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Wearable Sensor For the Early Diagnosis of Parkinson's Disease
Latest company news about Wearable Sensor For the Early Diagnosis of Parkinson's Disease

Wearable technology is changing the way we live as it enables easy tracking of movement, biometrics, and health data that can help enhance a person’s quality of life and improve health care.


While not intended to replace the role of doctors or other medical professionals, wearable technology is helping to advance certain areas of healthcare as it supports early diagnosis and helps monitor patients with existing conditions.

For example, a recent study in Japan claims that the heart rate of those suffering from Parkinson’s disease exhibits less variability than the heart rate of otherwise healthy individuals of the same age. This has led the group of Japan-based researchers to propose using wearable technology to aid the early diagnosis of Parkinson’s as a reduction in the variability of heart rate is associated with the disease.

The paper “Wearable sensor device-based detection of decreased heart rate variability in Parkinson’s disease” was recently published in the Journal of Neural Transmission.

Given its easy applicability and non-invasiveness, wearable sensors are also suitable for screening subjects at high risk [for Parkinson’s].

Dr. Masahisa Katsuno, Nagoya University

Early Detection of Non-Motor Symptoms

Recent research claims that non-motor symptoms typically develop prior to the onset of commonly-known motor symptoms during the “prodromal” period. Thus, finding new ways to monitor non-motor symptoms more routinely, using technologies such as wearable sensors, could aid the early diagnosis of Parkinson’s disease.While often associated with the visible motor symptoms such as tremors and slowness of movement, it is the nonmotor symptoms such as disruptions with sleep patterns and emotional changes that can serve as an early warning sign.

If patients are diagnosed earlier, it could mean they receive proper and more effective treatments during the early stages of the disease. Moreover, it can help patients prepare better in the long term and formulate an appropriate healthcare plan which can slow the progression of the disease and improve quality of life.

Monitoring Heart Rate Variability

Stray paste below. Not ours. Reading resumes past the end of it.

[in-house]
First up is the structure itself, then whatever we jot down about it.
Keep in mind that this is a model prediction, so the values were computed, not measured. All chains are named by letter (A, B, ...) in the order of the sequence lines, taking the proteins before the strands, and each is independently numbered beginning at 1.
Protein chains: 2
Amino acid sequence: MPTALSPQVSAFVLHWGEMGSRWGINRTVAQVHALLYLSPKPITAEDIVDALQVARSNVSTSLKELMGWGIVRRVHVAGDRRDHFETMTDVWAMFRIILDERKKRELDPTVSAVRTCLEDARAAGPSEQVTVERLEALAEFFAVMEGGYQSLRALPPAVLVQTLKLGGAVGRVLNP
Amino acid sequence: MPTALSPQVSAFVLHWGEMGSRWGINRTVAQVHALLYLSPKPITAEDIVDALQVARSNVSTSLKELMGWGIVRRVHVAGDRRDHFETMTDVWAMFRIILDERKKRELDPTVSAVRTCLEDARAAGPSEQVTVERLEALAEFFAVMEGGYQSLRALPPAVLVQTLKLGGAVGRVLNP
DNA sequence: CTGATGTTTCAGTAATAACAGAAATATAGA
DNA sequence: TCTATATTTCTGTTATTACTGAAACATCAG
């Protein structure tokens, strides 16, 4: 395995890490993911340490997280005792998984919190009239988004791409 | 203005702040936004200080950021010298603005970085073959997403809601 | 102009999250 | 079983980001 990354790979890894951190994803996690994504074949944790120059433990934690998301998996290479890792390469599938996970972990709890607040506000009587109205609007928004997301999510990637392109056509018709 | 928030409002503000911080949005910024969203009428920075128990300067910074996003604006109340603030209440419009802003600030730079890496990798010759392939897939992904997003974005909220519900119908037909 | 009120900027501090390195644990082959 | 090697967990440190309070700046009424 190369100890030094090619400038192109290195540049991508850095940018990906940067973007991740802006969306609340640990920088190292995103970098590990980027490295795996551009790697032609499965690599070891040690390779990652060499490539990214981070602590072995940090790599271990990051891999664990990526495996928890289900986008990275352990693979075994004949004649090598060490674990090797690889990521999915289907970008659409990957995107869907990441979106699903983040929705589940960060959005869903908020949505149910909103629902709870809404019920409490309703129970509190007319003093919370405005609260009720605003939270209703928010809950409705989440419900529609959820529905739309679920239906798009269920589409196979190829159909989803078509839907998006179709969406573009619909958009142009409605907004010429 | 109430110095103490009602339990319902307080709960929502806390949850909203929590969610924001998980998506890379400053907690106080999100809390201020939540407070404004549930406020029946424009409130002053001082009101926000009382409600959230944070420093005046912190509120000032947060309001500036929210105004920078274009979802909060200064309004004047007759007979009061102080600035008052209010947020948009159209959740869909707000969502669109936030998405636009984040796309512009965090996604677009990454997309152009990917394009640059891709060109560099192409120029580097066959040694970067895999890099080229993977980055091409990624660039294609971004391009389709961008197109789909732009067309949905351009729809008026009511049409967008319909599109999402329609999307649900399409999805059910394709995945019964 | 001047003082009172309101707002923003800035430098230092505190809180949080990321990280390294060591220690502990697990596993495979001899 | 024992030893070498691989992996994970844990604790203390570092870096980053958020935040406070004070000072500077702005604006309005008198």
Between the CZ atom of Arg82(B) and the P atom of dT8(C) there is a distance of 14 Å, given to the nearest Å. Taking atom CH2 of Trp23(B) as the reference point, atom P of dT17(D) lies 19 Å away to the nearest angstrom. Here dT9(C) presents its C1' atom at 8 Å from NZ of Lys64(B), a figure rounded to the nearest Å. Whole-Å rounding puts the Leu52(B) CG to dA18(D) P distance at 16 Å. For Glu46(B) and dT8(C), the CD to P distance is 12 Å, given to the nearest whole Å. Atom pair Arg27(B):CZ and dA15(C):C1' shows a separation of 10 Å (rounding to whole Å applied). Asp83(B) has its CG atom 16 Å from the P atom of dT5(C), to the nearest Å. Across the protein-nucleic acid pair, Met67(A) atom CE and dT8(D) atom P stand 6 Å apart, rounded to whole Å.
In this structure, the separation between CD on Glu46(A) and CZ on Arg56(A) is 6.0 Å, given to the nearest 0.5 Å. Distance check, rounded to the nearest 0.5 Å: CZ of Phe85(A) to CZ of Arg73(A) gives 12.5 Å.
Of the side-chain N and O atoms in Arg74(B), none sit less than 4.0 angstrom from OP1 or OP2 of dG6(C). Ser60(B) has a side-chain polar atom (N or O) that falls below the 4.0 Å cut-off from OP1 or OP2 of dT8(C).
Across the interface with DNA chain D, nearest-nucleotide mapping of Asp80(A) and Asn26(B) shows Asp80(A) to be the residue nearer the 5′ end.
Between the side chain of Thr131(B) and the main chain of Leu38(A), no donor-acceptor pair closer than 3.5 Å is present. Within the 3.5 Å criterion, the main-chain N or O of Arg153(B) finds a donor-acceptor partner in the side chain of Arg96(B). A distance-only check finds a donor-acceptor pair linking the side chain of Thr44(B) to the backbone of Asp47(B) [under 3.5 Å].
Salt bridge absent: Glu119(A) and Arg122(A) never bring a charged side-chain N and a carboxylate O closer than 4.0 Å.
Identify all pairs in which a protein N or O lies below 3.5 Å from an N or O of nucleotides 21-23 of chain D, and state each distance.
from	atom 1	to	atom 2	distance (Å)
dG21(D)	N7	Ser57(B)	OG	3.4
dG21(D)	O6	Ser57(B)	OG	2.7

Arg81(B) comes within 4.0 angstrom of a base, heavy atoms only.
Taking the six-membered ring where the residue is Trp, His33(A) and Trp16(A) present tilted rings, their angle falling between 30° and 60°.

Previous studies identified a reduced heart rate variability (HRV) in patients suffering from Parkinson’s. An otherwise healthy person’s heart rate would vary based on daily activities; this is less likely in those with Parkinson’s.

The researchers analyzed the HRV data from wearable sensors in two small control groups – one with patients suffering from Parkinson’s and the other without. While the two groups were similar in terms of age and other demographics, there were no restrictions on activity levels during the 24 monitoring period.

The HRV data harvested from the wearable sensors showed that those suffering from Parkinson’s had a higher heart rate than those without. The team then calculated the average deviations in heart rate over the 24-hour period and found that it was much lower in the small control group of patients with Parkinson’s.

Our assessment method was effective in detecting decreased HRV in patients [with Parkinson’s.

Dr. Masahisa Katsuno, Nagoya University

While the control group was relatively small, just 27 participants with Parkinson’s, the wearable sensors could prove effective in detecting HRV if applied to a larger study. Therefore, the team acknowledges the need to take the study into a larger control group, preferably in the prodromal stage of the disease, to confirm reproducibility.

Although we detected decreased HRV parameters in [Parkinson’s] by evaluating the entire record for approximately 24 h[ours], we found that extracting the minimum or relatively low (the first decile in this study) values of HRV parameters in selected sections resulted in better discrimination.

Dr. Masahisa Katsuno, Nagoya University

For now, this study shows the potential for an exciting development in using wearable technology to aid the early diagnosis of Parkinson’s disease while also demonstrating how the technology can help monitor less obvious early symptoms of disease in general. This means that in the future, more people may have access to better treatment and care plans as well as a better quality of life.

David J. Cross

Written by

David J. Cross

David is an academic researcher and interdisciplinary artist. David's current research explores how science and technology, particularly the internet and artificial intelligence, can be put into practice to influence a new shift towards utopianism and the reemergent theory of the commons.

Pub Time : 2022-08-05 13:35:23 >> News list
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